Republican Kansas state lawmakers on Monday moved to challenge the state's COVID-19 vaccine mandates, forcing Gov. Laura Kelly (D) to convene a special session to look into ways to fight President BidenJoe BidenDearborn office of Rep. Debbie Dingell vandalized Pfizer to apply for COVID-19 booster approval for 16- and 17-year-olds: report Coronavirus variant raises fresh concerns for economy MORE's vaccine mandate for businesses.
One method Kansas Republicans considered was requiring employers to accept all religious exemption requests, while others sought to guarantee that workers fired for not getting vaccinated would be eligible for unemployment benefits, according to The Associated Press.
Earlier this month, state Senate President Ty Masterson (R) urged lawmakers to convene a special session before Thanksgiving specifically to consider proposals that would it make it easier for workers to use religious exemptions to vaccine mandates.
On Monday, the Kansas Senate voted to approve a bill with these proposed measures as well as a ban on private employers issuing vaccine mandates.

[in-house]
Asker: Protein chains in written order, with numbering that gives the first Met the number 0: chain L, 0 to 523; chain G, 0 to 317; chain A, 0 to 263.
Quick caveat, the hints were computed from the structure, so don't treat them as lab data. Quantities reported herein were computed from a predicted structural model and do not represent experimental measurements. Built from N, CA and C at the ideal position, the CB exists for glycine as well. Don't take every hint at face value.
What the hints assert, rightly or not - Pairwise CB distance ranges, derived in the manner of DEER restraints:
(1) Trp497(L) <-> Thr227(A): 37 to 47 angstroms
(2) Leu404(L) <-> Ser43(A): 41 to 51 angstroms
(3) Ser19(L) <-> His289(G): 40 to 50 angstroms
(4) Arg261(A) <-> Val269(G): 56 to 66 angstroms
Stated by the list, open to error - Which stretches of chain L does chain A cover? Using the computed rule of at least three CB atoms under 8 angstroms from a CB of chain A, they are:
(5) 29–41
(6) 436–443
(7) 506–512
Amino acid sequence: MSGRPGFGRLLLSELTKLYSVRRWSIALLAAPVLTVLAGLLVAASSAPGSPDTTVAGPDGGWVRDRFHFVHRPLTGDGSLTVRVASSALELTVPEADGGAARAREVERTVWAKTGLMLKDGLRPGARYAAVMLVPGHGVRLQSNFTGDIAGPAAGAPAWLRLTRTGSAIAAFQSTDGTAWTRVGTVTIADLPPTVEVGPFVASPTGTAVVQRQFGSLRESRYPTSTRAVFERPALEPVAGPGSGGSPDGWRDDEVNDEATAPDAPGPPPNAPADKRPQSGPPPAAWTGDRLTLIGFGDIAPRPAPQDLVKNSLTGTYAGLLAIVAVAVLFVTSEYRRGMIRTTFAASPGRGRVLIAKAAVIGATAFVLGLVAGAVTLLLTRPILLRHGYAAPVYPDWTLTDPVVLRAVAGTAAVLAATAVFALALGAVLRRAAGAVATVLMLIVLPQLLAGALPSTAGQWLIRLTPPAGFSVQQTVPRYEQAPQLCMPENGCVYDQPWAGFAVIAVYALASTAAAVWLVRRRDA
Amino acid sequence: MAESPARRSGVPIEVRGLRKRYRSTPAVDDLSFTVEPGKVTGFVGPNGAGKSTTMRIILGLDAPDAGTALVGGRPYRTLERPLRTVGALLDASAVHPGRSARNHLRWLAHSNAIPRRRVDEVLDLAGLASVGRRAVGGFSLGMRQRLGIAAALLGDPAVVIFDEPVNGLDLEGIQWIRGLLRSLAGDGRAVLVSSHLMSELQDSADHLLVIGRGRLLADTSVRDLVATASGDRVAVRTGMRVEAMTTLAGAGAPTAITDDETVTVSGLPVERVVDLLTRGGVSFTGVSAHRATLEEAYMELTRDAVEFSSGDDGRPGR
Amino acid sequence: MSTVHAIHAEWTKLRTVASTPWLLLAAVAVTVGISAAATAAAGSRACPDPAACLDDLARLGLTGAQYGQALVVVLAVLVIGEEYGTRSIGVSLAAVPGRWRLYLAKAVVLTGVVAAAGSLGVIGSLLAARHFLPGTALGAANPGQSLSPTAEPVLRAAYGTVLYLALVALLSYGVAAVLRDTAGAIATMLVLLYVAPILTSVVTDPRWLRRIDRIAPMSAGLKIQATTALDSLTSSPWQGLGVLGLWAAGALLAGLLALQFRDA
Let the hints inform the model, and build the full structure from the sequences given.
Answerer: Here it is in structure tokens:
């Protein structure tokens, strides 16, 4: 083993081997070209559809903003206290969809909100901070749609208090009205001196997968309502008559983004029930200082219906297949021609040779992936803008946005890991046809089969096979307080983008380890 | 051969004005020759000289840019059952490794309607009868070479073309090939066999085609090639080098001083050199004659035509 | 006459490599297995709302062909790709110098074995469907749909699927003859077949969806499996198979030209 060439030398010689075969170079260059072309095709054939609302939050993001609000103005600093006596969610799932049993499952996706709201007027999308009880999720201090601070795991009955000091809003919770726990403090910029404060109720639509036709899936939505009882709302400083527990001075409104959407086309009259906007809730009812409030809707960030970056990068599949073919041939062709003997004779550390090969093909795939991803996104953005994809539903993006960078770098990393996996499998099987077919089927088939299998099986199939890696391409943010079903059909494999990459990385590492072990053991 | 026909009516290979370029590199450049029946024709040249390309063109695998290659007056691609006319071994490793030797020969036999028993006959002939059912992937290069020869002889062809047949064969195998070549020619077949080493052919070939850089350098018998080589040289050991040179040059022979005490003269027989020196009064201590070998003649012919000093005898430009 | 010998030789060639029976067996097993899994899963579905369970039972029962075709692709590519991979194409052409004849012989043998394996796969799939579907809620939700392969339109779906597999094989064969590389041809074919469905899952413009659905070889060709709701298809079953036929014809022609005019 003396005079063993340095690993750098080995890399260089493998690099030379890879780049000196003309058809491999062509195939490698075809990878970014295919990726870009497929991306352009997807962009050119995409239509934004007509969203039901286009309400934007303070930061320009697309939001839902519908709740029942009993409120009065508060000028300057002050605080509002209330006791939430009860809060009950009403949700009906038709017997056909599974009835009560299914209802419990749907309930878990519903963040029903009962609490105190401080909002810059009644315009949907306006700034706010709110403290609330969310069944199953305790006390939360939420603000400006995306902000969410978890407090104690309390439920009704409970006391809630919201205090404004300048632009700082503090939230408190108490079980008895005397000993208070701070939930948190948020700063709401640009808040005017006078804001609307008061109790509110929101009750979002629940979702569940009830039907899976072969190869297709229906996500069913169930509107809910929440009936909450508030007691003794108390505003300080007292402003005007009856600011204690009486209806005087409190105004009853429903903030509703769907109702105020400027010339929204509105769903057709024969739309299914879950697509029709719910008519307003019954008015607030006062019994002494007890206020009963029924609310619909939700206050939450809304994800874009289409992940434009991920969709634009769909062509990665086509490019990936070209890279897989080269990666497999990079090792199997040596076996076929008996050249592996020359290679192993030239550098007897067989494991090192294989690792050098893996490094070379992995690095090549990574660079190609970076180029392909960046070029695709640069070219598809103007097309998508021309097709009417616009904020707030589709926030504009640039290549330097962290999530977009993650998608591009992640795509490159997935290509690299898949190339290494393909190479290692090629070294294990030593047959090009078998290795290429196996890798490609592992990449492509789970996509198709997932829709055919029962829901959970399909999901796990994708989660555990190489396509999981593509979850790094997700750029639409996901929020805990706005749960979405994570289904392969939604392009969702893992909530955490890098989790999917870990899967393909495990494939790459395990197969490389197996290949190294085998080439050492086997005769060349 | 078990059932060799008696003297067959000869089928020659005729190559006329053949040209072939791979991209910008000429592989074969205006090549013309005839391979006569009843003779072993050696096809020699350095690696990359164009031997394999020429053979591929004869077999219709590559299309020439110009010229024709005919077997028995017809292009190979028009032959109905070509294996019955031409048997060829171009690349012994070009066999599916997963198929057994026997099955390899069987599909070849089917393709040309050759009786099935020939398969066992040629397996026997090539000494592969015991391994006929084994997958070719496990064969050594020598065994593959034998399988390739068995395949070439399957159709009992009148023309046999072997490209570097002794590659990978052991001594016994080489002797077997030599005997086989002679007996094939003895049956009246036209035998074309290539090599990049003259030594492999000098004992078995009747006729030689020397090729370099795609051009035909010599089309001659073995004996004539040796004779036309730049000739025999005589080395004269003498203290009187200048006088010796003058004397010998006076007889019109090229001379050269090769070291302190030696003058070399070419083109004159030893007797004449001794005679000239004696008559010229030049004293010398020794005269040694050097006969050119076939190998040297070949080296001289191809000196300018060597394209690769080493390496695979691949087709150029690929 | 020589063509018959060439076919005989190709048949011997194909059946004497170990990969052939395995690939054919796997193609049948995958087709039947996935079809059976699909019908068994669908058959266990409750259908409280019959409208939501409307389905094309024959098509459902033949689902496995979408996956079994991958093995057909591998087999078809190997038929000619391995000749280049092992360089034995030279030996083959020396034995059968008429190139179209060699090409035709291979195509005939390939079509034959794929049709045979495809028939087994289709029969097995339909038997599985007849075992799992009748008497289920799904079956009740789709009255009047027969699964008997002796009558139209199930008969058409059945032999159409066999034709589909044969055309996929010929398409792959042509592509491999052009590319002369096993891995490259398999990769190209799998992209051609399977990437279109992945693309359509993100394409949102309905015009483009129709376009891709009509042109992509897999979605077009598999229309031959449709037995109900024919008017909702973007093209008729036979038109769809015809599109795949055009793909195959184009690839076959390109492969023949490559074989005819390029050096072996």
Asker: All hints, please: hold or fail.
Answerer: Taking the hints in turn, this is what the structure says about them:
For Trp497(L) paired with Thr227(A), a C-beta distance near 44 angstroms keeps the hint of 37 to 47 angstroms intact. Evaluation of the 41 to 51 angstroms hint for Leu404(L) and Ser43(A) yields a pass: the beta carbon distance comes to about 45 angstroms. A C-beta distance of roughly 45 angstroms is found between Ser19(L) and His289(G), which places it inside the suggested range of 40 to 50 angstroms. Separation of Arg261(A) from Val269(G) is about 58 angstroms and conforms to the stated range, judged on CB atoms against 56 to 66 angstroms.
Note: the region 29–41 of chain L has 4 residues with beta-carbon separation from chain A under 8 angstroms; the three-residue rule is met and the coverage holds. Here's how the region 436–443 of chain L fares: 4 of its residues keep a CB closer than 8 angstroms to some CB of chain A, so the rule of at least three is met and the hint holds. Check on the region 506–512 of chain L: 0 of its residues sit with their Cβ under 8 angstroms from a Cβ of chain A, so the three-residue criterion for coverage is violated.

The AP noted that Republican leaders debated whether other measures were necessary if the ban on vaccine mandates was passed.
“If the bill that we just passed is adhered to by the businesses, nothing else matters. There’s not going to be anybody to let go,” House Majority Leader Dan Hawkins (R) said. “So why do we need anything more?”
Though she is a Democrat, Kelly came out against Biden's vaccine mandate earlier this month.
"While I appreciate the intention to keep people safe, a goal I share, I don’t believe this directive is the correct, or the most effective, solution for Kansas," she said in a statement. "States have been leading the fight against COVID-19 from the start of the pandemic. It is too late to impose a federal standard now that we have already developed systems and strategies that are tailored for our specific needs."